Exploring 5 Ghost Towns On Historic Route 66

We’ve all heard the phrase, “Get your kicks on Route 66,” yet this historic highway offers much more than catchy lyrics to a song. Route 66 first opened in 1926, and gained fame thanks to John Steinbeck’s 1940 novel Grapes of Wrath. The iconic highway offered middle-America a route to the west, while providing those on the coast a direct line into the heartland of the country. And while Route 66 itself no longer exists, you can still follow along its path; and along the way, there are a few haunting stops you may come across!

Oatman, Arizona

Via USGS / Wiki Commons

Via USGS / Wiki Commons

At the first stop on our quest, we run into the lively ghost town of Oatman, Arizona (well, about as lively as a ghost town can be). From the swarms of tourists to the classic cars to the wild burros that roam the streets, Oatman remains a popular tourist destination to this day. While the town had been settled since the mid 1800s, the official establishment was in 1915. When two prospectors struck a $10 million gold find, the area became a tent camp. In just one year, the population boomed to 3,500.

By 1941, Oatman was responsible for producing more than $40 million in gold (around $2.6 billion by today’s standards). However, the gold mining operations were shut down by the U.S. Government as part of the country’s war efforts to produce other metals. When a new route between Kingman, AZ and Needles, CA was constructed in 1953, the town was eventually abandoned.

As mentioned above, Oatman has experienced quite the renaissance. Thanks to its proximity to Lauglin, Nevada and Las Vegas, the town is quite the destination for tourists. The descendants of the burros the miners set free when they left the town decades ago still roam the streets, and on weekends it’s not unlikely to stumble across a classic car rally!

Calico, California

Another ghost town that’s become a bit of a tourist destination, Calico began as an old mining town. Founded in 1881 during the largest silver strike in California, Calico was home to more than 500 mines that produced $20 million in silver ore during a 12-year span. In the mid-1890’s, silver began to lose its value and, in turn, Calico began to lose it’s population.

Via Mojave River Valley Museum / Wiki Commons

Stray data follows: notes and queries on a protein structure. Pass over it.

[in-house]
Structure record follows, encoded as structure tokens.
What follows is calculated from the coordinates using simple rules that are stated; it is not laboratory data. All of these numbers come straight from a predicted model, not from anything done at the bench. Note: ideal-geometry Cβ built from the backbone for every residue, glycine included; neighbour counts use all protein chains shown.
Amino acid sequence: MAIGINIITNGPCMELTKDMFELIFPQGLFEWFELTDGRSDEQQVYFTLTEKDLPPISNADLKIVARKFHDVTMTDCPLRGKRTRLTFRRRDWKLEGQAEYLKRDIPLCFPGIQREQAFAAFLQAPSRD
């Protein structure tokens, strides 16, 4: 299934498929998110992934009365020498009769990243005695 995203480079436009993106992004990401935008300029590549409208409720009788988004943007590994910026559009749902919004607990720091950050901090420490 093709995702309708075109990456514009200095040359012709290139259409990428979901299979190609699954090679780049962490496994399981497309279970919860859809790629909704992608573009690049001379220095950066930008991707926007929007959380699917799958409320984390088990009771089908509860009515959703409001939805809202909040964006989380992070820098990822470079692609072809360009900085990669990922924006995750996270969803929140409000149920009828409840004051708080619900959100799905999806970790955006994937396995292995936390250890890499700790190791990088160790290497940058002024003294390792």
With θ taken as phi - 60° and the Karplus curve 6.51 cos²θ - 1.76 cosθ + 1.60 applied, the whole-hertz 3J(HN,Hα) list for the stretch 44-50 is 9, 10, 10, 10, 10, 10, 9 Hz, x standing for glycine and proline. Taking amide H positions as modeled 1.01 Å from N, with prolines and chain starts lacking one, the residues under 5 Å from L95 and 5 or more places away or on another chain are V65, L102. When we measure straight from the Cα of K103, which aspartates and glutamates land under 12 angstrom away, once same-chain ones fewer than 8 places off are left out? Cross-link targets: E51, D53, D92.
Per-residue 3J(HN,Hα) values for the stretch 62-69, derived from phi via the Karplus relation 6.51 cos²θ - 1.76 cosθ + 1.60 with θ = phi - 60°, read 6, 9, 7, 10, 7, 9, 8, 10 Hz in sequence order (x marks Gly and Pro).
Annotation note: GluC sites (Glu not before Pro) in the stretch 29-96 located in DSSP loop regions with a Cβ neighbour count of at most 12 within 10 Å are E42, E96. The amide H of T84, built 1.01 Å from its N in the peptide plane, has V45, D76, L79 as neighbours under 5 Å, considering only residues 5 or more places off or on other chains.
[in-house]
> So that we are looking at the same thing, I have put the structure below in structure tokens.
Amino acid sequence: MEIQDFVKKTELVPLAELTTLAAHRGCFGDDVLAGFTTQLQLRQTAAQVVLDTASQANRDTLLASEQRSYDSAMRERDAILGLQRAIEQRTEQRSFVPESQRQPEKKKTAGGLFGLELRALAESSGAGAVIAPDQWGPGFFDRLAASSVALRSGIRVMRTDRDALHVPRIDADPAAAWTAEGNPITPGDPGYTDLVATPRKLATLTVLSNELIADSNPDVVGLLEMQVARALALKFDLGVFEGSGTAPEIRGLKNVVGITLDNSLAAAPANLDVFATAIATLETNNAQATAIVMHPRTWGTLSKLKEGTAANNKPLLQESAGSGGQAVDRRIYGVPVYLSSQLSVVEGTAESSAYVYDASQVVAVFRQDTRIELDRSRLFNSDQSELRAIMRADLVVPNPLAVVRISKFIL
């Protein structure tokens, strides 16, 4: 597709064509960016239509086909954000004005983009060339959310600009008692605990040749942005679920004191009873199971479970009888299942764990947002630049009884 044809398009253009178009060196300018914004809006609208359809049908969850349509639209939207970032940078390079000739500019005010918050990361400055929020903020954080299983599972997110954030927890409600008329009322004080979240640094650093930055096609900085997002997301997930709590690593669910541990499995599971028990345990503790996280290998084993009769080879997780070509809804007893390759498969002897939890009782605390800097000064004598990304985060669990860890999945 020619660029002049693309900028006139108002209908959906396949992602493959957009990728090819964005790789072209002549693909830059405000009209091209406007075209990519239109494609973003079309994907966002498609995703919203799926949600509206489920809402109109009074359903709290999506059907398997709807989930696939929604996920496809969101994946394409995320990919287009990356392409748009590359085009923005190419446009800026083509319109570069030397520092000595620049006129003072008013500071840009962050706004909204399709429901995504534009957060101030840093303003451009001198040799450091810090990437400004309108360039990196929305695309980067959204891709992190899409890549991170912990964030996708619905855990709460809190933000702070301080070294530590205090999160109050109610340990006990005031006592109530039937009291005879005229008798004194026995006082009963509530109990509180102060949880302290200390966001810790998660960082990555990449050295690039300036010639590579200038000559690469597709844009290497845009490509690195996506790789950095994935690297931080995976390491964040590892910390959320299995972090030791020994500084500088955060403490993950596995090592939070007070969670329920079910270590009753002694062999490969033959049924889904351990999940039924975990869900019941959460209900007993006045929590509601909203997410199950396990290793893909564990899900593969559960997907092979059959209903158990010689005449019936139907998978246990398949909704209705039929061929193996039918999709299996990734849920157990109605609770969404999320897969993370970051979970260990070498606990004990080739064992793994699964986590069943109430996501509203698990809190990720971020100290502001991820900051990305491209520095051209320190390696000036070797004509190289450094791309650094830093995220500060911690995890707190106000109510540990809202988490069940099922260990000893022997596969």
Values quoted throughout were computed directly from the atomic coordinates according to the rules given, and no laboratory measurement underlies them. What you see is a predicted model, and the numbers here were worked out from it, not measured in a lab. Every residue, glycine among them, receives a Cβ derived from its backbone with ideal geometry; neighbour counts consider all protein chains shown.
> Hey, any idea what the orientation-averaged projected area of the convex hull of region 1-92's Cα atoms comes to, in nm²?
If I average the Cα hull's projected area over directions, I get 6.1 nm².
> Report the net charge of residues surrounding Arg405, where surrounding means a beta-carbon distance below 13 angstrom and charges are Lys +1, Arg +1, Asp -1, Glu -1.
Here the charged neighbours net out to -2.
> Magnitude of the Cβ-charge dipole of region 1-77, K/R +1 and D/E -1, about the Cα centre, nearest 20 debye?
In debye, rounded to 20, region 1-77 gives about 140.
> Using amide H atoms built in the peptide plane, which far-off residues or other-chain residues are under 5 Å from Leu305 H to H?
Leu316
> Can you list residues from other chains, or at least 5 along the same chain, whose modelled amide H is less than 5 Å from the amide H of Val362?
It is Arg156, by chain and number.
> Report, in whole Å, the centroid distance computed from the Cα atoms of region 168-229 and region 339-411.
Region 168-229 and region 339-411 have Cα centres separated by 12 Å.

Via Mojave River Valley Museum / Wiki Commons

According to the official Calico website, Walter Knott purchased the town in the 1950’s and restored all but five of the buildings to their original architecture. In 2005 it was recognized as a State Historical Landmark, and has since boasted some great attractions for guests (including restaurants, shops, and camping).

Amboy, California

Settled in 1858 and established in 1883, Amboy, California is the next stop on our virtual road trip. Created by Lewis Kingman as the first stop in a series of alphabetical railroad stations to be constructed across the Mojave Desert, Amboy began to boom in 1926 when Route 66 opened. Though tourism declined in general during the great depression, Amoby remained a key hub for travelers and workers of the Santa Fe Railroad until 1973, when Interstate 40 opened (which bypasses Amboy).

Via Eric Polk / Wiki Commons

Via Eric Polk / Wiki Commons

As of 2015, the official population of Amboy is 4. However, one man bought the town and is keeping it alive. When the town was set to be demolished in 2007, Albert Okura stepped in an purchased it for $425,000. And while restoring the town to its former glory would take quite a bit of work, it’s nice to know that its history will remain alive for the foreseeable future.

Glenrio, Texas/New Mexico

Sitting on the state line between New Mexico and Texas, Glenrio (formerly known as Rock Island) is the next stop on our list. Founded in 1903 as a railroad siding for the Rock Island Railroad, the small town was opened to farmers in 1905. Thanks to it’s prime location on Route 66 and bustling cattle ranches, the town began to thrive. That is until 1955, when the Rock Island Depot closed. The fate of the town was sealed when Interstate 40 was built, bypassing the town and limiting the tourism business. By 1985, only two residents remained.

Via Roamin' Rich / Youtube

Via Roamin’ Rich / Youtube

Since then, Glenrio has found new life as a tourist destination for those looking to relive the old Route 66 path, and for Ghost Town enthusiasts. In 2008, the State of New Mexico opened the Glenrio Welcome Center, which includes a movie theatre, a pet walk, and wifi access. Not bad for a ghost town!

Montoya, New Mexico

Founded in 1902 as a shipping center for the Southern Pacific Railroad, Montoya actually had settlers before then (they called it Roundtree). If you’re coming from the east, you’ll be greeted in Montoya by an old cemetery (fitting for a ghost town, right?) While there are still some structures that remain intact (somewhat), the town essentially shut down when Route 66 went out of commission.

If you visit Montoya, some of the things you might run into include the building pictured above bearing the words “Cold Beer” on it, suggesting that it might have once been a gas station or convenience store. A little further down the road, you’ll come across this old church (photo below). As you can see, it’s actually still in pretty good shape!

That concludes our virtual ghost town road trip down historic Route 66. Do you have any memories of this iconic highway? Or maybe you’ve been to one of these towns before? If so, share your story with us in the comments below!

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